Students must convert words such as "square n, then add four" to an algebraic expression. They then match the expressions to a geometric representation––the area of a rectangle with a movable point: as the point is moved, n changes and the area, A, changes too. As the point on the rectangle is moved, the value of A is plotted against n.
Finally students are asked to input an expression representing the area function. They can immediately see if they are correct because the plotted point will move along the displayed graph.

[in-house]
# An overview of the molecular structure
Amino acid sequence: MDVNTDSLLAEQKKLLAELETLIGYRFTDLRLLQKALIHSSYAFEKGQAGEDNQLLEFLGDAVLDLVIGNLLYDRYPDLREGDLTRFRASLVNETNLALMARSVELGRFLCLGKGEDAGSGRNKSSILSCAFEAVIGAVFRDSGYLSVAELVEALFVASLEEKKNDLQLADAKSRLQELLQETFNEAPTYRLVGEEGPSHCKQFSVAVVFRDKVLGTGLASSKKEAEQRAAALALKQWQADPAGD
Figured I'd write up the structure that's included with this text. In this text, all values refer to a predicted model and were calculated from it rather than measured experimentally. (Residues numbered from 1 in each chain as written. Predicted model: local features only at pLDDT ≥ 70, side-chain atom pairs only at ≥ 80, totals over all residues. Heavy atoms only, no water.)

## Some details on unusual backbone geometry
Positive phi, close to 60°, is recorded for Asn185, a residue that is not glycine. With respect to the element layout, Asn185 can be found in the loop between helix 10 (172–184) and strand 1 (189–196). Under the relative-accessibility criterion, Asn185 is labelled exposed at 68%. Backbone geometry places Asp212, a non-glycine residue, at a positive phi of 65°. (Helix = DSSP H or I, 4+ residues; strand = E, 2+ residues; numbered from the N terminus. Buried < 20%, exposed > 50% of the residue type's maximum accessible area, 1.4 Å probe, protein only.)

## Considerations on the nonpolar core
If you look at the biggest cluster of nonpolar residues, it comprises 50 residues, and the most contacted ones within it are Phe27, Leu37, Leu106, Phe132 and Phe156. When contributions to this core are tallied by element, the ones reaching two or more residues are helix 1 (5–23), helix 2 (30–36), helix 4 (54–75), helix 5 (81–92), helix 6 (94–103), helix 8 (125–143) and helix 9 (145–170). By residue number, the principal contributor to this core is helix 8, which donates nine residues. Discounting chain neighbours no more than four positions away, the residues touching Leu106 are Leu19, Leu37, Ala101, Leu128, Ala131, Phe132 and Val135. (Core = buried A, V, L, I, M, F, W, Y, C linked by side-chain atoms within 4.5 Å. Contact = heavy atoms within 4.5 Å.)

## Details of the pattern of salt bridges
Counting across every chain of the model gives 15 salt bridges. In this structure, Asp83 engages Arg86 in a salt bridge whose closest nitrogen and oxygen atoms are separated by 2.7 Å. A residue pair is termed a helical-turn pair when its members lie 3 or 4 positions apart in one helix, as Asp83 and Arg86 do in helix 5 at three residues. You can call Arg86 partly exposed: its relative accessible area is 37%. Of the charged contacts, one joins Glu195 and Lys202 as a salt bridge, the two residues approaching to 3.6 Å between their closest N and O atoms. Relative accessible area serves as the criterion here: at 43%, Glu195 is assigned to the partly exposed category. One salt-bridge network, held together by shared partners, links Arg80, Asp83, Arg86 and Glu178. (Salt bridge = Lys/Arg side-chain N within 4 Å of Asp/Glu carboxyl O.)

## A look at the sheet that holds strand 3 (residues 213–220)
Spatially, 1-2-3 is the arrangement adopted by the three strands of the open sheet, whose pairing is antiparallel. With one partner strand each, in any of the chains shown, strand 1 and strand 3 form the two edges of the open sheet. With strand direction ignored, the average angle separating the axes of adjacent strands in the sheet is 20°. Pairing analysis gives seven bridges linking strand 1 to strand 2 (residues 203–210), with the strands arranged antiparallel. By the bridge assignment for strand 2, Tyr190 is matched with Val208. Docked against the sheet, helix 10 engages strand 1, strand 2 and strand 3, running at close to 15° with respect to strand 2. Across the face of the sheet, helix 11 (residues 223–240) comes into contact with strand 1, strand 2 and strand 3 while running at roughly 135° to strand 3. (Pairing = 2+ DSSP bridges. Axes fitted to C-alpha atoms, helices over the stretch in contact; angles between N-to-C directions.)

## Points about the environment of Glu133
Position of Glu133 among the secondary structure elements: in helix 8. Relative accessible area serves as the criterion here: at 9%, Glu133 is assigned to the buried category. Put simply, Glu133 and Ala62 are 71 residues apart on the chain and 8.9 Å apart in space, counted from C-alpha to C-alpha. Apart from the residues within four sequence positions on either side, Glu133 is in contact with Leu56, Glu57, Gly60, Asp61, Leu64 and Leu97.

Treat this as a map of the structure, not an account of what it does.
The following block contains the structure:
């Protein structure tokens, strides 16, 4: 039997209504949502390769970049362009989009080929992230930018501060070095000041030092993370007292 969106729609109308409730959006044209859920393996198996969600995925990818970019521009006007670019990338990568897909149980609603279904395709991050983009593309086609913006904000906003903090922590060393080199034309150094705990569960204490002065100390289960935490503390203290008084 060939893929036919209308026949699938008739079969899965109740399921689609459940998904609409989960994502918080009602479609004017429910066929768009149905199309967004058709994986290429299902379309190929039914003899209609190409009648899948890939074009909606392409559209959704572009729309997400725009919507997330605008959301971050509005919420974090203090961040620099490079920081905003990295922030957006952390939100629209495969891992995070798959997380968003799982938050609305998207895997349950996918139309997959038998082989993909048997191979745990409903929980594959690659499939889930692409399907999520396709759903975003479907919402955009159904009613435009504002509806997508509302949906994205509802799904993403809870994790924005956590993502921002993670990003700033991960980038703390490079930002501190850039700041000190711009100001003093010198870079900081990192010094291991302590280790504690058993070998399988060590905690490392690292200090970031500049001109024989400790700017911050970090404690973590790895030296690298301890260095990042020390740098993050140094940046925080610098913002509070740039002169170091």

A lesson using this activity is described by Allan Duncan in a booklet entitled Inspired Connections in Maths Lessons. This description makes clear the power of the dynamically linked multiple representations to enhance student understanding. For a pdf version of the entire booklet please click here.